Nelyn-class Deck Plan

20150328_231228194_iOSBecause I couldn’t stop scribbling during my final formatting pass, okay?

Main hull:

1. Flight deck, right for’ard, and not on either of the decks strictly speaking, since it’s in the nose of the craft in what amounts to a transparent dome. The pilot’s command seat is, essentially, centered exactly on the fore-to-aft drive axis. Openings above and below provide access to both decks.

2. The common area, on the upper deck, ending in the for’ard upper level module access. Includes two stacked crew pods (a) to port, for the crew to sleep; a smart-table (b) for miscellaneous work, administration, and recreation purposes, and (c) a galley and fab unit to starboard…

3. …for’ard of the ‘fresher.

4. Most of the lower deck is a single compartment, which includes avionics equipment and canned life support (to starboard) and racked stowage space (to port), although most of the port side is taken up by…

5. …the airlock, an unusual three-door design that doubles as the for’ard lower level module access as well as the boarding airlock and an airlock providing convenient access to the module volume when no module is installed.

Engineering hull:

6. The airlock/aft lower level module access provides access to the engineering hull when no module is installed. It leads into…

7. The engineering section, which is primarily a single large chamber. The upper deck only exists as a catwalk running around the perimeter of the chamber, and the aft upper level module access is a simple spacetight door that cannot be opened when no module is installed. Primarily notable in the engineering section are (a) the vector control core and reaction wheels, (b) the port and starboard auxiliary power reactors, and (c) the robot hotel, with scuttle access to the propulsion bus for external maintenance mechs.

(Note: The Nelyn uses canned life support because it’s basically a local ship; the vast majority of them in use are not in roles that require them to ever venture very far from a source of resupply. Those who’d like to use their Nelyn for a long interplanetary or even interstellar voyage, on the other hand, aren’t left out; they can simply plug in the “accommodation” or “luxury suite” module, say, that by design comes with its own regenerative life support and possibly even hydroponics…)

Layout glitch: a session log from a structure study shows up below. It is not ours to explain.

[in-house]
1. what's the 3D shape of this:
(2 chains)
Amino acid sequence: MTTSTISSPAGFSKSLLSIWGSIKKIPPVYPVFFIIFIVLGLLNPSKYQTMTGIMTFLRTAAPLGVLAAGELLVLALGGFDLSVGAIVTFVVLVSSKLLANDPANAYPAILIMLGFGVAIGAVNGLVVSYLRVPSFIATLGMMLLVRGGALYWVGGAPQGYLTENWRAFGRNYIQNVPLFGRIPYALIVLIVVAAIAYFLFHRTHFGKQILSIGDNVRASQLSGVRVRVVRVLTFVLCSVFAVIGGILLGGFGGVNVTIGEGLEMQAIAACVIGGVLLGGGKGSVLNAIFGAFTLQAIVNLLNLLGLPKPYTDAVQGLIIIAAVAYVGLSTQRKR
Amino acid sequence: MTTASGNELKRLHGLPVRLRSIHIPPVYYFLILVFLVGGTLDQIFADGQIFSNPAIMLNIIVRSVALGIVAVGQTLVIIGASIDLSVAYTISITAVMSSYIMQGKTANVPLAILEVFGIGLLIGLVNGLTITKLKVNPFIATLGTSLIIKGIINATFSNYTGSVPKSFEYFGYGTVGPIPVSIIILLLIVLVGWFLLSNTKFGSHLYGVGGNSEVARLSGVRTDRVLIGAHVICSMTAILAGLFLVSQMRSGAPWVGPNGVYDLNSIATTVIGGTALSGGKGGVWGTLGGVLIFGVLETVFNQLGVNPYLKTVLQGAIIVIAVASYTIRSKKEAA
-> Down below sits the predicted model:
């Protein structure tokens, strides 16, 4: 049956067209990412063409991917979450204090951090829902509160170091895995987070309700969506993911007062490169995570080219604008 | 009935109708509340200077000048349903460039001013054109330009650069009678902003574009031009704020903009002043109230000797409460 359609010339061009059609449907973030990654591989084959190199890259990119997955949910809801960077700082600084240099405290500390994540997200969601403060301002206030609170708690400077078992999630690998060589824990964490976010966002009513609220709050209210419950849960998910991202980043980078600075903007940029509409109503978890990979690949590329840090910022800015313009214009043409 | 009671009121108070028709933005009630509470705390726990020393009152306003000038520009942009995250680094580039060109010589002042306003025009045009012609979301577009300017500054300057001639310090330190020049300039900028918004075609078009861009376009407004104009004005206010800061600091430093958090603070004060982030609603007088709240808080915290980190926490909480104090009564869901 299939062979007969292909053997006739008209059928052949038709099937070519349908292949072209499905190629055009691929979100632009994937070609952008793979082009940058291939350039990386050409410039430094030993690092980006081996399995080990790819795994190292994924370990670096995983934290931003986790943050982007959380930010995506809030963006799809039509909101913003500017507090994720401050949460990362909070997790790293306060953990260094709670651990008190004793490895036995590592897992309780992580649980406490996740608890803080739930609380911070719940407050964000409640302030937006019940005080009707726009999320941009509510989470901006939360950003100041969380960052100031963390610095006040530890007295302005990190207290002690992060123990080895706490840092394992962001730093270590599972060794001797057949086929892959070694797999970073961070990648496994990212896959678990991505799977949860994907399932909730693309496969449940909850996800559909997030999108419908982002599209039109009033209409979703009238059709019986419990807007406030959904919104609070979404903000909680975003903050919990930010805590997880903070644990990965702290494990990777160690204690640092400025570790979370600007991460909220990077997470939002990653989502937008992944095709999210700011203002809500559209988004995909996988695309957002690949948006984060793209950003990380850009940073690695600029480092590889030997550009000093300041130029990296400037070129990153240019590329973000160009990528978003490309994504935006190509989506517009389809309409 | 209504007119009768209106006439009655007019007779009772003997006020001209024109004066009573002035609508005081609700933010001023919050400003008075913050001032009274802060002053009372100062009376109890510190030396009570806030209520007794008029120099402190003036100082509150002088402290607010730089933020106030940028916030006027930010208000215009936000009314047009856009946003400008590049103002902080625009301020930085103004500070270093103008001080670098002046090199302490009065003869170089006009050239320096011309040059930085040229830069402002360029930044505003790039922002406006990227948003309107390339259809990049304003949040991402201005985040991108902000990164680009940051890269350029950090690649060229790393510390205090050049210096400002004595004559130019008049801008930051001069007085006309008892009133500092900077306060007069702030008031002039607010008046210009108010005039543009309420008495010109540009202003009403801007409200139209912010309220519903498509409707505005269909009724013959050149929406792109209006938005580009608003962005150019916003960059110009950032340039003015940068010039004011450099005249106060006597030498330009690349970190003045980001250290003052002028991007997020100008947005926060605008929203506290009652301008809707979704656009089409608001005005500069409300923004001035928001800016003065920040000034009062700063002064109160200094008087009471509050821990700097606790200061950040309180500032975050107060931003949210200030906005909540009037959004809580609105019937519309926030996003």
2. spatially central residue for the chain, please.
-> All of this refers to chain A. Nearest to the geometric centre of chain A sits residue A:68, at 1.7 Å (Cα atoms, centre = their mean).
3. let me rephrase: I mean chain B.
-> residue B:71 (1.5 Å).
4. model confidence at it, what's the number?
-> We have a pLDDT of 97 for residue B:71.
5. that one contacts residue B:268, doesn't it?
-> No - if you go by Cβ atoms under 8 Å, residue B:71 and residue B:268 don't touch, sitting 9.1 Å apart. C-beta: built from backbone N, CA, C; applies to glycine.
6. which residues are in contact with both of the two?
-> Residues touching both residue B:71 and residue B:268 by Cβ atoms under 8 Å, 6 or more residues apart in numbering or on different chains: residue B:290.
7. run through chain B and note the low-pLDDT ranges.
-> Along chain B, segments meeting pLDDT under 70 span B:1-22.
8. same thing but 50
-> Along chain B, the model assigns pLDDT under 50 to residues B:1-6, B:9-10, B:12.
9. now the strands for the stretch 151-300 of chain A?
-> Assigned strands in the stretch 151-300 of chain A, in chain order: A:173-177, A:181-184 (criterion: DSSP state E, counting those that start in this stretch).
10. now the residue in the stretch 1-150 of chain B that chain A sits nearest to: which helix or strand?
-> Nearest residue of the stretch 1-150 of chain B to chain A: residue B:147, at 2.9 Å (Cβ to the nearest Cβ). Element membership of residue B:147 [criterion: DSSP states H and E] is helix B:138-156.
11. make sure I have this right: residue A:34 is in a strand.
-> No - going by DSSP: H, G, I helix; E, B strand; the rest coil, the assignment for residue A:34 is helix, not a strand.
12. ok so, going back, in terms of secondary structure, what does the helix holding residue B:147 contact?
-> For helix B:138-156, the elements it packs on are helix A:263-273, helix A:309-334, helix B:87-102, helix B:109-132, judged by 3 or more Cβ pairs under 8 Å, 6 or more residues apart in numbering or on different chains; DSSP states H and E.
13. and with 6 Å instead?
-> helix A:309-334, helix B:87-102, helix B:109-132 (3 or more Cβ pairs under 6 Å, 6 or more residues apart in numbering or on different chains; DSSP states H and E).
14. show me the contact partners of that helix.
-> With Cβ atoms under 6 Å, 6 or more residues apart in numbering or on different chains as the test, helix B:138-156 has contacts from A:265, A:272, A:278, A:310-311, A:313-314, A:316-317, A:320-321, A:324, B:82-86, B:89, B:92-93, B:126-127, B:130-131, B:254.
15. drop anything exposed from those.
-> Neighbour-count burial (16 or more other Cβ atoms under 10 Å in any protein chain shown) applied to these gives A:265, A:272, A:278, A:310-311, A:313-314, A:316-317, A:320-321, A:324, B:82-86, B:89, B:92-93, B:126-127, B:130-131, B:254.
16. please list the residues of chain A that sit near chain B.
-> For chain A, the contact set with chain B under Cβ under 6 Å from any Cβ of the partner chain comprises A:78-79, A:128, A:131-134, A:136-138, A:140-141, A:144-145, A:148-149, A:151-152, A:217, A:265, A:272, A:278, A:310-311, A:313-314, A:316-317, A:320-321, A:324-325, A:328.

Nelyn & Élyn

2015-03-27Usually I prefer to avoid inflicting my dire drawing skills upon y’all, but what the hell, I’ll make an exception this once.

The diagram to the right is my quick size sketch of the aforementioned Nelyn-class modular cutter (in blue) and the Élyn-class modular microcutter (in green).

As you can see, the Nelyn is the big one, inspired by/a harder version of the Traveller RPG’s modular cutter; an interplanetary craft that’s the workhorse of the Empire; 8 m in diameter, and 48 m long in total; an 8 m main hull at for’ard for the flight crew, the 16 m module space; a 4 m engineering hull for sensitive machinery; and the 16 m propulsion bus at the back. The module space is bridged by three trusses 120 degrees apart, the dorsal one of which is split in the middle and folds back to allow module swapout. And there are lots of different modules for pretty much any purpose you can think of.

The Élyn is the smaller one, only 4 m in diameter and with a 6 m hull (including engines), optionally taking a 6 m cylindrical module in a rear-mount. It’s strictly a local-orbit craft without interplanetary capability (although it is capable of take-off and landing on many planets) – but the reason it’s drawn where it is is that there is a Nelyn module specifically designed as a cradle for the Élyn, letting an entrepreneur with the former make pretty decent money providing a taxi service for the latter on long trips…